Secondary succession is the process where one community is changed into another. It occurs in the place where life is already present. 

Climax community is where succession leads to a single stage which is stead and terminal known as the climax stage.  

Climax Community

Climax concept is a classical theory concerned with ecology; it states that succession stops at a stage where the biotic and the physical environment have arrived at an equilibrium stage or a steady state. This succession will persist indefinitely, facing the major disturbance and this end point of succession is known as climax. 


Some of the features or the characteristics of the climax community are:

  • The vegetation of this region is tolerant to the environmental conditions. 

  • The species diversity is large and the food chains of these species are complex and with spatial structure. 

  • It is a balanced ecosystem. 

  • In the climax ecosystem there is a balance between the primary production, total respiration and also the energy being used from sunlight and also the energy being released by the process of decomposition.

  • There is also a equilibrium between the nutrients taken in from the soil and the return of the nutrients to the soil by litter fall. 

  • The individual organisms in the climax ecosystem are replaced by other organisms of the same kind. Thus maintaining species equilibrium. 

  • The life and growth here indicates the climatic types of an area. 

Examples

Some of the observable examples of ecological succession include:

Example 1 - Harwood tress like oak grow within the red pine plantations. The consequences for the growth of this hardwood is the increase in shading and the mortality of the sun loving red pine trees and by the hardwood seedlings which are tolerant to shade. The forest floor is shaded by the pines and thus prohibiting the growth of the sun-loving pine seedling and promoting the growth of the shade loving hardwood trees. The hardwood trees are grown on the consequence on the decline and senescence of the pine forest.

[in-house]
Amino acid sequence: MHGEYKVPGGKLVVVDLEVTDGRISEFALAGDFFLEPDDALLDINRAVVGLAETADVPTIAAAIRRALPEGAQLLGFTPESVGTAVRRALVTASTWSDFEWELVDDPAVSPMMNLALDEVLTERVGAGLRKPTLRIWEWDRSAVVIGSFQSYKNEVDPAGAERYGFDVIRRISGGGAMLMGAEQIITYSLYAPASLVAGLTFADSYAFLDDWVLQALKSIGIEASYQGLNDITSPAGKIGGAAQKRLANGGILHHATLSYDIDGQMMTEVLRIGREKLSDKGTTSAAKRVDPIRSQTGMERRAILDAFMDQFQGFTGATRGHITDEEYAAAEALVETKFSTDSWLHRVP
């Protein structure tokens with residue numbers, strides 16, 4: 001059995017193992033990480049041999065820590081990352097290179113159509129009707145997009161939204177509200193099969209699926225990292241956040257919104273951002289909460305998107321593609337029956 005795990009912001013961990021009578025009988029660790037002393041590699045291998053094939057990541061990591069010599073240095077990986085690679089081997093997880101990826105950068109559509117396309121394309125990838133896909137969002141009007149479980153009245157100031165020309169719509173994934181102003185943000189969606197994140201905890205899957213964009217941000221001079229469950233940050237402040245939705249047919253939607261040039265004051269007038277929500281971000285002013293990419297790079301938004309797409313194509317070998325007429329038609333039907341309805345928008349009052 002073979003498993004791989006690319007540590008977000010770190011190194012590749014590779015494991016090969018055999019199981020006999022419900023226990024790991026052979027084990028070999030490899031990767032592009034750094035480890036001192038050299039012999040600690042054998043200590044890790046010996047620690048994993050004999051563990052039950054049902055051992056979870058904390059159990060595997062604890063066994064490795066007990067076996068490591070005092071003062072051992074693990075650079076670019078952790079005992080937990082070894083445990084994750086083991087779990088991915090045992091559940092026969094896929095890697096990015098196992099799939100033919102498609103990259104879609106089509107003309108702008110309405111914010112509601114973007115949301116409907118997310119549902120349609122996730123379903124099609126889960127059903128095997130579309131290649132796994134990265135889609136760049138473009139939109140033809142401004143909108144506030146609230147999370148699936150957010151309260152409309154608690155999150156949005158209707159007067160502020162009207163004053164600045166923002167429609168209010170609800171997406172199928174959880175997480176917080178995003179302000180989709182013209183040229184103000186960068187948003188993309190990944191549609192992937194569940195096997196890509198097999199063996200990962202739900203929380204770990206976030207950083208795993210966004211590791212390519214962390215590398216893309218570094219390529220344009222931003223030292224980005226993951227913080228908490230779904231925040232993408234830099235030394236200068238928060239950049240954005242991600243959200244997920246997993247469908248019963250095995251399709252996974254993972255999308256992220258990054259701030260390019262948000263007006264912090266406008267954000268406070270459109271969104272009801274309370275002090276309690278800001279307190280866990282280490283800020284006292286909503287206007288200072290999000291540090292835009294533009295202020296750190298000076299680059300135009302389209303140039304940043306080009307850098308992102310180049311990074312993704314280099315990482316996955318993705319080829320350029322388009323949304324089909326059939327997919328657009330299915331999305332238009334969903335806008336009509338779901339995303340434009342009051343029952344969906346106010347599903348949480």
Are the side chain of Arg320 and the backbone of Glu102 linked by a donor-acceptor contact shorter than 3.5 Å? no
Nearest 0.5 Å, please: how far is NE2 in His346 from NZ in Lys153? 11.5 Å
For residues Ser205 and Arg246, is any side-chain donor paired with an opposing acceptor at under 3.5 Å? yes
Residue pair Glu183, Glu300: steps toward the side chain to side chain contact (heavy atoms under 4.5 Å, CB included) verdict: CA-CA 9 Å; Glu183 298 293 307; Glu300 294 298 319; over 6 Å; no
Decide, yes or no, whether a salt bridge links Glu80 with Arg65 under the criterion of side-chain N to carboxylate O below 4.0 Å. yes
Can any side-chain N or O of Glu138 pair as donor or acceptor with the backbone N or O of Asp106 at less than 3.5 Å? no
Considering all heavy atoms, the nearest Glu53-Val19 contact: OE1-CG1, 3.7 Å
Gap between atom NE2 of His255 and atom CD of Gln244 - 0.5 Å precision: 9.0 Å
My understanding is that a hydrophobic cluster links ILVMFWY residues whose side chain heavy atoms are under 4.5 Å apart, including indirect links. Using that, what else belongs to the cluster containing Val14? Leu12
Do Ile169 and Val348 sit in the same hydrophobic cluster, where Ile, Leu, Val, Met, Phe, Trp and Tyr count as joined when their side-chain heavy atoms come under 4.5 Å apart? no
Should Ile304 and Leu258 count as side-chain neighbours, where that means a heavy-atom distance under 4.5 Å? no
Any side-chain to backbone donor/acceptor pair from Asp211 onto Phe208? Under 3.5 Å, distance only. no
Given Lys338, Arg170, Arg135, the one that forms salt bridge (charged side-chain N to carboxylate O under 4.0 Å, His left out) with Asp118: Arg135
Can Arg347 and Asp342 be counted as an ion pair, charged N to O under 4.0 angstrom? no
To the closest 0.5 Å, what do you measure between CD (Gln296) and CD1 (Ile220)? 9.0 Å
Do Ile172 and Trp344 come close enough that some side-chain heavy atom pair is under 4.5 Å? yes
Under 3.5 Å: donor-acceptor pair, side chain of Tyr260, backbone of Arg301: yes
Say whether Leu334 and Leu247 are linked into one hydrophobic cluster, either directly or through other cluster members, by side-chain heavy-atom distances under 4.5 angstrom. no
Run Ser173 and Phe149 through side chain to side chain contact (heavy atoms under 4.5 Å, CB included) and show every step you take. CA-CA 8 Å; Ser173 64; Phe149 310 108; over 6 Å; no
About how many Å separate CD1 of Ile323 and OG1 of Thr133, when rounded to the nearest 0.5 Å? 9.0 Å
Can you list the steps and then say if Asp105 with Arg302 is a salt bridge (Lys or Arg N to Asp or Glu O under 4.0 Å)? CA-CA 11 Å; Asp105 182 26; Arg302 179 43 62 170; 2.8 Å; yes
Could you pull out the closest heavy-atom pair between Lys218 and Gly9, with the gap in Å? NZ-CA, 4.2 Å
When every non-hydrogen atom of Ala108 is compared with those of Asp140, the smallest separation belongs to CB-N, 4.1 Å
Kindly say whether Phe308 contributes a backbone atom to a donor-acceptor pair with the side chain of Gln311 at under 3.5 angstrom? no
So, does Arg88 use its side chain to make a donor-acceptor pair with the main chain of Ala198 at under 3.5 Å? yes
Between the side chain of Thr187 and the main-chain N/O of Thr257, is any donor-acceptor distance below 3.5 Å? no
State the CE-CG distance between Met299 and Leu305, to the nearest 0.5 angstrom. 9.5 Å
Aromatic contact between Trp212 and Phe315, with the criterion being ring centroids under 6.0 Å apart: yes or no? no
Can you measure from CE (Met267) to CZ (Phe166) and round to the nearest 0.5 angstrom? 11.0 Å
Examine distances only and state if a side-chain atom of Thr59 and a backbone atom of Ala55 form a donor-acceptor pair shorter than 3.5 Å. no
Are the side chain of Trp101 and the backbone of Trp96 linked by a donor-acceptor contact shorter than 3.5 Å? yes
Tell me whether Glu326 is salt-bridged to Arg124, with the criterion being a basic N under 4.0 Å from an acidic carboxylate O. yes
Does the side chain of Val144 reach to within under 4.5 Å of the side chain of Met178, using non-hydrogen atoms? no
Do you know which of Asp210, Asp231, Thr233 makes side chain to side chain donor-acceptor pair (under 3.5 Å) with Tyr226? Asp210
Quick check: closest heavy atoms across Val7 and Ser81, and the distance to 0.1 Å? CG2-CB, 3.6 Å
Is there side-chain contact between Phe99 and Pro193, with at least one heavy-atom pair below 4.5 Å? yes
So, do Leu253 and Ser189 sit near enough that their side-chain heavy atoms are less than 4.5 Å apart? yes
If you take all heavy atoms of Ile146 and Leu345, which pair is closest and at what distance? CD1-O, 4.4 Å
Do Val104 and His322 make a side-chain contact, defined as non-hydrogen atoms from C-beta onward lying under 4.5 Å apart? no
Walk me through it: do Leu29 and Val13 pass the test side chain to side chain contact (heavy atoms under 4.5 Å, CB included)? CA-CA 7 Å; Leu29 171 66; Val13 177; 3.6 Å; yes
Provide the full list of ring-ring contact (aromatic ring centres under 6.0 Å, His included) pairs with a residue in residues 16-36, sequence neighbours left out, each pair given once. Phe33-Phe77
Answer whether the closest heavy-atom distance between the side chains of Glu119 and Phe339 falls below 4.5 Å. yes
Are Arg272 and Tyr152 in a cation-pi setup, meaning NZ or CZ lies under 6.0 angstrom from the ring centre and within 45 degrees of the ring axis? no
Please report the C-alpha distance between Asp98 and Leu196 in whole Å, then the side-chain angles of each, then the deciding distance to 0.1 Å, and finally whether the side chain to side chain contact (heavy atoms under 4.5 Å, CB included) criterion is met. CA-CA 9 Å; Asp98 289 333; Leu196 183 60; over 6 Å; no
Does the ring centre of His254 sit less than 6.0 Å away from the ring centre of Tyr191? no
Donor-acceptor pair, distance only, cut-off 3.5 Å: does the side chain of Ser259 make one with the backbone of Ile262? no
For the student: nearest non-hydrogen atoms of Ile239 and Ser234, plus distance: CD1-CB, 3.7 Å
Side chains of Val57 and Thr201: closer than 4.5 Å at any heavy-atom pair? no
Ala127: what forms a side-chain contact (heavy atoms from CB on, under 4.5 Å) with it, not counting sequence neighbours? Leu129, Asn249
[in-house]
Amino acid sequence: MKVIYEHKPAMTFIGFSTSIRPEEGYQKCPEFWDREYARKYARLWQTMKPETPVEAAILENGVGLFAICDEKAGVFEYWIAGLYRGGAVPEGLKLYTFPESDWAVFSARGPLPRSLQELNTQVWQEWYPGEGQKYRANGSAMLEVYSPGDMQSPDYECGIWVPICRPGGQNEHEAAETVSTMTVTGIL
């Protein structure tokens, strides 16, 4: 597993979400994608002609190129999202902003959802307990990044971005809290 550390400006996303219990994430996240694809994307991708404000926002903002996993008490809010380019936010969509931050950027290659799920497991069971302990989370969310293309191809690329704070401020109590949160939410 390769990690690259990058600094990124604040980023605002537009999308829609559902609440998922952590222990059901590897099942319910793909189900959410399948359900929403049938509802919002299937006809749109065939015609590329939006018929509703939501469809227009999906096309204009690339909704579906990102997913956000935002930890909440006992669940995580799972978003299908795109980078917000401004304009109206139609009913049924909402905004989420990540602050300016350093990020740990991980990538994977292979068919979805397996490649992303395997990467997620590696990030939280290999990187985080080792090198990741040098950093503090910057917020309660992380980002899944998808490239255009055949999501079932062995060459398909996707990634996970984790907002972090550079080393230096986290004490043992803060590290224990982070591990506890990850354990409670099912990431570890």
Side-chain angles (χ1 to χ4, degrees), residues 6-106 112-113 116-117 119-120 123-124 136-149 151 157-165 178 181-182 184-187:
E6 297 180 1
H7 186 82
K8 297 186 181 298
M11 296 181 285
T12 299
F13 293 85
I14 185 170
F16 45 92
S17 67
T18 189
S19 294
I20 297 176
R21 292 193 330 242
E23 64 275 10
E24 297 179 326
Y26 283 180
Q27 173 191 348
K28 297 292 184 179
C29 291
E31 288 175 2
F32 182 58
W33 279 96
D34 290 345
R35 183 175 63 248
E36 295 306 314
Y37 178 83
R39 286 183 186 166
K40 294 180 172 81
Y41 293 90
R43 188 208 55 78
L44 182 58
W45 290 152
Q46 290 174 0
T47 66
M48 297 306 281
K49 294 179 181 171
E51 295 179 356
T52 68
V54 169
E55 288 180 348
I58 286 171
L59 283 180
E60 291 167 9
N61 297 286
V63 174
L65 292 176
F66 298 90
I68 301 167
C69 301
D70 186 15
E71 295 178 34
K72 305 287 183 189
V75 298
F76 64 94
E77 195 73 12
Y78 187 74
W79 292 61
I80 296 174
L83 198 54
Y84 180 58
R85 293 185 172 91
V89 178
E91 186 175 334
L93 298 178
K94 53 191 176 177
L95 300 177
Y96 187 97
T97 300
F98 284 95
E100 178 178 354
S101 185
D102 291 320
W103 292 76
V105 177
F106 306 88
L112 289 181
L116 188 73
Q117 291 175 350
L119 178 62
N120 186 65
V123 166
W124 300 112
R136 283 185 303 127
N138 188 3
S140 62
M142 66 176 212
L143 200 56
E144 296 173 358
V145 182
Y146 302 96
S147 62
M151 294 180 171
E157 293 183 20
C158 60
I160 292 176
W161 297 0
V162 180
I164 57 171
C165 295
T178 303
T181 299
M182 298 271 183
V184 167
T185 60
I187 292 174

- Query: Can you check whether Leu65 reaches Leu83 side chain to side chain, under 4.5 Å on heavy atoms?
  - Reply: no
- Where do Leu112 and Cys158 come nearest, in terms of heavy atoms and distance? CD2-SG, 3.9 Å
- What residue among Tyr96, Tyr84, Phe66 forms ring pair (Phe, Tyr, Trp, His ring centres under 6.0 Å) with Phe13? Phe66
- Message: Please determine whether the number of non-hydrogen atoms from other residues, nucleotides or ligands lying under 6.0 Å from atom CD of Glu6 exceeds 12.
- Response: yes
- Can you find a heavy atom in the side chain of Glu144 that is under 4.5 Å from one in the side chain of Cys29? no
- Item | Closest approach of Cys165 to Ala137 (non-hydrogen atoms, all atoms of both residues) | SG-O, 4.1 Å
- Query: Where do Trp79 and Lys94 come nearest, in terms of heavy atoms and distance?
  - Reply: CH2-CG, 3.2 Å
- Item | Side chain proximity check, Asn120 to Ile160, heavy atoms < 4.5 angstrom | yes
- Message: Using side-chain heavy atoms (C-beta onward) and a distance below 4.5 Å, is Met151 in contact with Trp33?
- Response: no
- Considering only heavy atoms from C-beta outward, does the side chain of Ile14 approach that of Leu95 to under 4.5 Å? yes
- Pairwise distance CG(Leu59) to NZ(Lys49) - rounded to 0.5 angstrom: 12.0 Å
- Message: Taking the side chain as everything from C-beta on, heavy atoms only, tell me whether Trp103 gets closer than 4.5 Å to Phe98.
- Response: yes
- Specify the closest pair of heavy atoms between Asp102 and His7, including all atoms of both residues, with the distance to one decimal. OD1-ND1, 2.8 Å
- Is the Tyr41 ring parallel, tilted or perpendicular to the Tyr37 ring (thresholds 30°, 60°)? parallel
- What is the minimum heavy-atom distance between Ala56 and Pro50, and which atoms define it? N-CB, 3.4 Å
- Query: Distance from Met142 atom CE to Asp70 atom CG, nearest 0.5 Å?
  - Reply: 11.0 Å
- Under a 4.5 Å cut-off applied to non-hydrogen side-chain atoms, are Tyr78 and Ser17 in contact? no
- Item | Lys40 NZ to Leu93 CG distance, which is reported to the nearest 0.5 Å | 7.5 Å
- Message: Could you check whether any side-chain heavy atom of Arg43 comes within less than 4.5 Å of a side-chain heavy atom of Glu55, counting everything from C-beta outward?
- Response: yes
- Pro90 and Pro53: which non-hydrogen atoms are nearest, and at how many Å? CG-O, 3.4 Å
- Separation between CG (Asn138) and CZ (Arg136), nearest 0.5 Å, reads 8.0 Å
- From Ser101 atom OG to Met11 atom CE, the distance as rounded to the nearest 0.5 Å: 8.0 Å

Example 2 - Another simple of ecological succession would be formation of islands from the activity from a volcano in the ocean. The first organisms to appear on the island would be pioneer species like bacteria, fungi and moss and it followed by grasses, shrubs and trees.

Causes

Three main causes of ecological succession are identified for the process of succession. 

  • Initiating causes - The initiating causes include biotic and climatic factors which destroy the existing populations of the area. The climatic factors include wind, fire, natural disasters, erosion, etc. The activities of other organisms constitute the biotic factors. 

  • Continuing causes - The continuing causes of the succession is also known as ecesis. These processes are continuous like aggregation, competition and migration etc. These continuous causes result in a series of changes in the soil structure of the area. The common changes here include changes in soil nutrients, accumulation of organic matter and changes in soil pH etc. 

  • Stabilizing causes - The stabilizing causes include climatic factors that result in the stabilization of a community.